National Service Committee was launched in the year 1959-60 under the chairmanship of Dr. C. D. Deshmukh, had recommended that National Service for a period of 9 months to a year should be made compulsory before a student enters the university or employment. The Saiyidain committee (1961) Appointed by the ministry of education did not favour compulsion and recommended National or Social Service for a minimum period of 12 weeks on a voluntary basis.
The National Service Scheme was launched in 1969. It aims at the involvement mainly of undergraduate students on a voluntary basis in various activities of social serviced and national development which while making a contribution to socio-economic progress would also provide opportunities to the students to understand and appreciate the problems of the communities, awaken social consciousness and inculcate in them sense of dignity of labour. There has been a great deal of enthusiasm among the students in various programmers taken up under the scheme. At the same time, there has been a demand from several quarters that opportunity should be provided to the youth going out of the universities and colleges to engage themselves on a whole time basis for a specific period in activities of social and national service. Some attempts in this direction have been made in some states during last few years.
In India, the idea of involving students in the task of national service dates back to the times of Mahatma Gandhi, the father of the nation. The central theme which he tried to impress upon his student audience time and again, was that they should always keep before them, their social responsibility. The first duty of the students should be, not to treat their period of study as one of the opportunities for indulgence in intellectual luxury, but for preparing themselves for final dedication in the service of those who provided the sinews of the nation with the national goods & services so essential to society. Advising them to form a living contact with the community in whose midst their institution is located, he suggested that instead of undertaking academic research about economic and social disability, the students should do "something positive so that the life of the villagers might be raised to a higher material and moral level".
NSS Motto : The motto or watchword of the National Service Scheme is 'NOT ME BUT YOU'. This reflects the essence of democratic living and upholds the need for selfless service and appreciation of the other person's point of view and also to show consideration for fellow human beings. It underlines that the welfare of an individual is ultimately dependent on the welfare of society on the whole. Therefore, it should be the aim of the NSS to demonstrate this motto in its day-to-day programme.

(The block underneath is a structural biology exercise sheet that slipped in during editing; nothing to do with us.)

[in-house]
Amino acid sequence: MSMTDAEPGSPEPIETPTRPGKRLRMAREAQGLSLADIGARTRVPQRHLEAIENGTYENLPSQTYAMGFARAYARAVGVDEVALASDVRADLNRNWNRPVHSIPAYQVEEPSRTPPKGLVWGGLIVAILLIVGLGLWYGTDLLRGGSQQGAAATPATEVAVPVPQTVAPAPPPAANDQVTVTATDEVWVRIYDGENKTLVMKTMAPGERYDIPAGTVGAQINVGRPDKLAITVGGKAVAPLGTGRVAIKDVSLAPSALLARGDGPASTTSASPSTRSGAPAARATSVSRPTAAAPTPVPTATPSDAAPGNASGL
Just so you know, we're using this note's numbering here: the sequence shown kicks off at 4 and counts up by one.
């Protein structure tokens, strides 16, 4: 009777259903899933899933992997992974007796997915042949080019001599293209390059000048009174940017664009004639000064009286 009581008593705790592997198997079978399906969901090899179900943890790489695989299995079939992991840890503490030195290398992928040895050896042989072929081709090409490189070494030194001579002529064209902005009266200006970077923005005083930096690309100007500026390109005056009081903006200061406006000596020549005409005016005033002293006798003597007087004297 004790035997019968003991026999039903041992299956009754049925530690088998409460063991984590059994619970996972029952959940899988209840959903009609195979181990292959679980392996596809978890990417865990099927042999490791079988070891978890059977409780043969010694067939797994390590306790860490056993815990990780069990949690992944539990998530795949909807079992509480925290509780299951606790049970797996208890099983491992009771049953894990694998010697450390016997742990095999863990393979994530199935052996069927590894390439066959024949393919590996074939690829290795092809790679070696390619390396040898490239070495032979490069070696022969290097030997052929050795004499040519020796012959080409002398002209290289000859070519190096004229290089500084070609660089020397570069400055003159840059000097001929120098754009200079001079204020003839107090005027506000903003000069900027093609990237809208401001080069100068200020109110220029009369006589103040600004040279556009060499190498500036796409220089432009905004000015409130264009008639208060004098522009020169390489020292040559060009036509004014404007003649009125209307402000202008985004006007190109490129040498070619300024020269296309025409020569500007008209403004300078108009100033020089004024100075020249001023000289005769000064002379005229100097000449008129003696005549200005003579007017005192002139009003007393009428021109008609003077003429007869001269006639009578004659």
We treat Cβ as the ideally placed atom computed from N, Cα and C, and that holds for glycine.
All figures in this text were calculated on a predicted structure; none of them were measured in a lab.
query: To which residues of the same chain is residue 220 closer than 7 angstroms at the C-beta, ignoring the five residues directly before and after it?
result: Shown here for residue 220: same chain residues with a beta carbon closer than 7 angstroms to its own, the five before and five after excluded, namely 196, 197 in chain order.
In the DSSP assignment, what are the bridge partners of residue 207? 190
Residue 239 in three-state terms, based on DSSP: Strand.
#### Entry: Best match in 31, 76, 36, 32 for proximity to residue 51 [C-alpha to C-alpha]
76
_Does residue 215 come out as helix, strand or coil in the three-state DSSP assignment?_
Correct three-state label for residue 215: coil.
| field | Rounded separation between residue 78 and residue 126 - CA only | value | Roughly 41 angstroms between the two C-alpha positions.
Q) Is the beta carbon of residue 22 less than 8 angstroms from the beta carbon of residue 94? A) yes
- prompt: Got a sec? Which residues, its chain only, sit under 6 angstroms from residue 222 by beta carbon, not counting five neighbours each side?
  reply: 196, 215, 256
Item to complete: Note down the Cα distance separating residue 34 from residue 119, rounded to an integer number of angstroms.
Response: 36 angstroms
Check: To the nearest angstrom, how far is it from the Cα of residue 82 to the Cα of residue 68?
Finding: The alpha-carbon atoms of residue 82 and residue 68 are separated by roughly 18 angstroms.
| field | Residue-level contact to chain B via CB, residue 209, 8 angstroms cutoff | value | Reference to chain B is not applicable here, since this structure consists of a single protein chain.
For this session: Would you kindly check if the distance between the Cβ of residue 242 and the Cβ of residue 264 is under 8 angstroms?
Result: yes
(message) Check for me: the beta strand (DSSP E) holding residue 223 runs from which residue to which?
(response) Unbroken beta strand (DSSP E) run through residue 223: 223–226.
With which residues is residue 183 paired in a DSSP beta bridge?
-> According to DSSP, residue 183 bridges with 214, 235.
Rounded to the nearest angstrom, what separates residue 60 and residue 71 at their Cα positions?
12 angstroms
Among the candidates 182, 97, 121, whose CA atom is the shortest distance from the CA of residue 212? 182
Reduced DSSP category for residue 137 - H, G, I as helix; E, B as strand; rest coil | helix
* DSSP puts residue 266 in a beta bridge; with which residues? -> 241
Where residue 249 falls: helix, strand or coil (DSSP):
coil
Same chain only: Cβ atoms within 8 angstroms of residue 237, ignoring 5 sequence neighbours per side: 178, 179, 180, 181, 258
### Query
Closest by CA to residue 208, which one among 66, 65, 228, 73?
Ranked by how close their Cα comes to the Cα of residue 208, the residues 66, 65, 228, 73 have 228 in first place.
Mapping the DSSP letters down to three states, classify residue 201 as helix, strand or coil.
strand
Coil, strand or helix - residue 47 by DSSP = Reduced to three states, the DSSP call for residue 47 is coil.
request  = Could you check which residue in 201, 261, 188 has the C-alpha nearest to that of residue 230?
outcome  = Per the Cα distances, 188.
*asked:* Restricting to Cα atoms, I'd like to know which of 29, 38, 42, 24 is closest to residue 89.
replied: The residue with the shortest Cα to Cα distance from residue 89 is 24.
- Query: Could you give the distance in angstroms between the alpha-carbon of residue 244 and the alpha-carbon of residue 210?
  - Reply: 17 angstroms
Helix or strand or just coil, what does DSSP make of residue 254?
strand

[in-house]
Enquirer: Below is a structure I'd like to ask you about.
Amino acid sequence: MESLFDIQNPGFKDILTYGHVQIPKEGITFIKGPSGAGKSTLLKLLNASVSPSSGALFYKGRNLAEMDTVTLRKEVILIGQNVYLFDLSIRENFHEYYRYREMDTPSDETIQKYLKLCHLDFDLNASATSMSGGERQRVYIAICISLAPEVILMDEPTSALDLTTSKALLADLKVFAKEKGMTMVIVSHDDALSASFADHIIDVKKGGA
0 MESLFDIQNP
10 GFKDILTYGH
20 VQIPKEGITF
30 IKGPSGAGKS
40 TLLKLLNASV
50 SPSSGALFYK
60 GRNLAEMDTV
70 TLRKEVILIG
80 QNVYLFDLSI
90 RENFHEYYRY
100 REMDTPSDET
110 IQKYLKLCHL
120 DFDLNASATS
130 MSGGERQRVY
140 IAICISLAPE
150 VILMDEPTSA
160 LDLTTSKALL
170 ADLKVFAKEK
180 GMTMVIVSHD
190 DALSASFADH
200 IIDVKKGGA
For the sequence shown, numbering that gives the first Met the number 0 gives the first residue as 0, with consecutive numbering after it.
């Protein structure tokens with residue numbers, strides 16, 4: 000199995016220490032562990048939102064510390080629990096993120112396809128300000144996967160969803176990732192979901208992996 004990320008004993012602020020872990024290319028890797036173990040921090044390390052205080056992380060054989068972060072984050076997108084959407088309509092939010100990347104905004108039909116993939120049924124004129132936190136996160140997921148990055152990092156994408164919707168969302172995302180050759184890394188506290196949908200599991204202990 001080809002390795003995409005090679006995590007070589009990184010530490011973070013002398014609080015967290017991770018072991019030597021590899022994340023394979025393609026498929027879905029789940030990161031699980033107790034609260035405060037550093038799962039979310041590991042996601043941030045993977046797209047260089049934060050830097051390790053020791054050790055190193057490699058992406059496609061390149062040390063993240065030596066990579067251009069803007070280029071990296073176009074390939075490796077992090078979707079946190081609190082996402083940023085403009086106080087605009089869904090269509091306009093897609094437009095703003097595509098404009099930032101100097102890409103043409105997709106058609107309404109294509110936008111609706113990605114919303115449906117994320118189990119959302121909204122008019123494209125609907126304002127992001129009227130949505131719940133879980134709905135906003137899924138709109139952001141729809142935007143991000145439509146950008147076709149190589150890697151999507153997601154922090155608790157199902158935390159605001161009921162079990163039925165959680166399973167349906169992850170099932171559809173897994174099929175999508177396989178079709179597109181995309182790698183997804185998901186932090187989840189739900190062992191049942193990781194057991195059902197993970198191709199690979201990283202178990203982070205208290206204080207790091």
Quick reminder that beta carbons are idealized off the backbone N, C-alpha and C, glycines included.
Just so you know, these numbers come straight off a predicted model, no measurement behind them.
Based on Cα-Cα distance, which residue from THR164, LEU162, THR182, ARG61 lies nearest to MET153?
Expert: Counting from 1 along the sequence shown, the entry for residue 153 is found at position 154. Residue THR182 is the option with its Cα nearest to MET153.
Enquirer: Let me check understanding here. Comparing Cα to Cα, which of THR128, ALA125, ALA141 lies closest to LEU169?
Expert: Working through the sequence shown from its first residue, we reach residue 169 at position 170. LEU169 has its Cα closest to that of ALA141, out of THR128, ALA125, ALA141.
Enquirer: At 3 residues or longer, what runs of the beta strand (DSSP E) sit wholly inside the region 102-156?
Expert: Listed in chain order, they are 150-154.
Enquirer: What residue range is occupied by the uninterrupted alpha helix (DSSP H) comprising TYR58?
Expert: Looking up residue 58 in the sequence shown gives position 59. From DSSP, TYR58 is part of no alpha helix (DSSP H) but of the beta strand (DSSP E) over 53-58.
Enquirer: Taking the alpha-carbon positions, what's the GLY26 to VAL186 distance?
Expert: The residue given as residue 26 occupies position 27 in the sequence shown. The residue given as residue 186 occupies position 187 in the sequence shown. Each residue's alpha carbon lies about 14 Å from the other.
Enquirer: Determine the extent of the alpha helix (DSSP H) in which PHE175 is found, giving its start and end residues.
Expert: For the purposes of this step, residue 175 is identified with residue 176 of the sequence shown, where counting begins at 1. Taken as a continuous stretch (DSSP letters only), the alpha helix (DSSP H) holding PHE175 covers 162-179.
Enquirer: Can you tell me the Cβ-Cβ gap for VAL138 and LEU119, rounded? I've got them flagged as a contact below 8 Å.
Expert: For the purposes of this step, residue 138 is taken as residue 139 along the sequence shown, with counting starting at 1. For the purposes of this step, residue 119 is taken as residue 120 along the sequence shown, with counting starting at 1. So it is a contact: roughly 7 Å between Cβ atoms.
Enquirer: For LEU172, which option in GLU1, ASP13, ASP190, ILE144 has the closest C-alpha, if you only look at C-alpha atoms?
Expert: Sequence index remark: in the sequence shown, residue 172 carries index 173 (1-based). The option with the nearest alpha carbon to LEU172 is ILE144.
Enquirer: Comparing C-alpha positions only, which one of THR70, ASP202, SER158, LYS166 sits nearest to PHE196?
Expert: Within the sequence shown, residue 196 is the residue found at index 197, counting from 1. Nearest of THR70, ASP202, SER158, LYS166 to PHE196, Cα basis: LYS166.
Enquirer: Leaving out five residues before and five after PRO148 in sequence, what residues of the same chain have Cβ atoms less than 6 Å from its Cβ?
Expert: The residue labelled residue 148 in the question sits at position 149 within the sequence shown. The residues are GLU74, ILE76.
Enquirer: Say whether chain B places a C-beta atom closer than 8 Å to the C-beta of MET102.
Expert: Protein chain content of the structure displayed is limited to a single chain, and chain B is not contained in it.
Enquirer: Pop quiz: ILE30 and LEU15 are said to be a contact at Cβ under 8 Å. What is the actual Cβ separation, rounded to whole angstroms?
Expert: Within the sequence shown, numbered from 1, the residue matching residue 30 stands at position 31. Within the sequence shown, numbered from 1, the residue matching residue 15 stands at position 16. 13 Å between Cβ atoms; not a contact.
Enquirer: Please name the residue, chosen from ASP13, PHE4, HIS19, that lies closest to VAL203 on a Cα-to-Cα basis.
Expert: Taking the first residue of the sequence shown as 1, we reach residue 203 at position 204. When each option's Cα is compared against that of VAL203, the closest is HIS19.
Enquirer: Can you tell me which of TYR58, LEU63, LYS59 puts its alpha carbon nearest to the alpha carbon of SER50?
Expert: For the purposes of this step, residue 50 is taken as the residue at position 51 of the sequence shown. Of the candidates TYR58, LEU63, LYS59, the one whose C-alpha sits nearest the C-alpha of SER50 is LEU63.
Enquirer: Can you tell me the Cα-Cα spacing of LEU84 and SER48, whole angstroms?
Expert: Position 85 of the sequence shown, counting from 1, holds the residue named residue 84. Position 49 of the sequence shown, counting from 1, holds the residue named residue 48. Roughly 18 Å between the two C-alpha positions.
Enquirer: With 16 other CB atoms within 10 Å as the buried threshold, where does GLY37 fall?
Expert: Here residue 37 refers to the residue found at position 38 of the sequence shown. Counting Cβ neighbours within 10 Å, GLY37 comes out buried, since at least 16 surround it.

NSS Symbol : The symbol of the National Service Scheme, as appearing on the cover page of this Manual is based on the ' Rath ' wheel of the Konark Sun Temple situated in Orissa. These giant wheels of the Sun Temple portray the cycle of creation, preservation and release, and signify the movement in life across time and space. The design of the symbol, a simplified form of the Sun-chariot wheel primarily depicts movement. The wheel signifies the progressive cycle of life. It stands for continuity as well as change and implies the continuous striving of NSS for social transformation and upliftment.
NSS Badge : The NSS Badge is embossed on the NSS badge. The NSS volunteers wear it while undertaking any programme of community service. The Konark wheel in the symbol has eight bars which represent the 24 hours of the day. Hence, the badge reminds the wearer to be in readiness for service of the nation round the clock i.e. for 24 hours. The Red colour in the badge indicates that the NSS volunteers are full of bold i.e. lively, active energetic and full of high spirit. The navy blue colour indicates the cosmos of which the NSS is a tiny part, ready to contribute its share for the welfare of the mankind.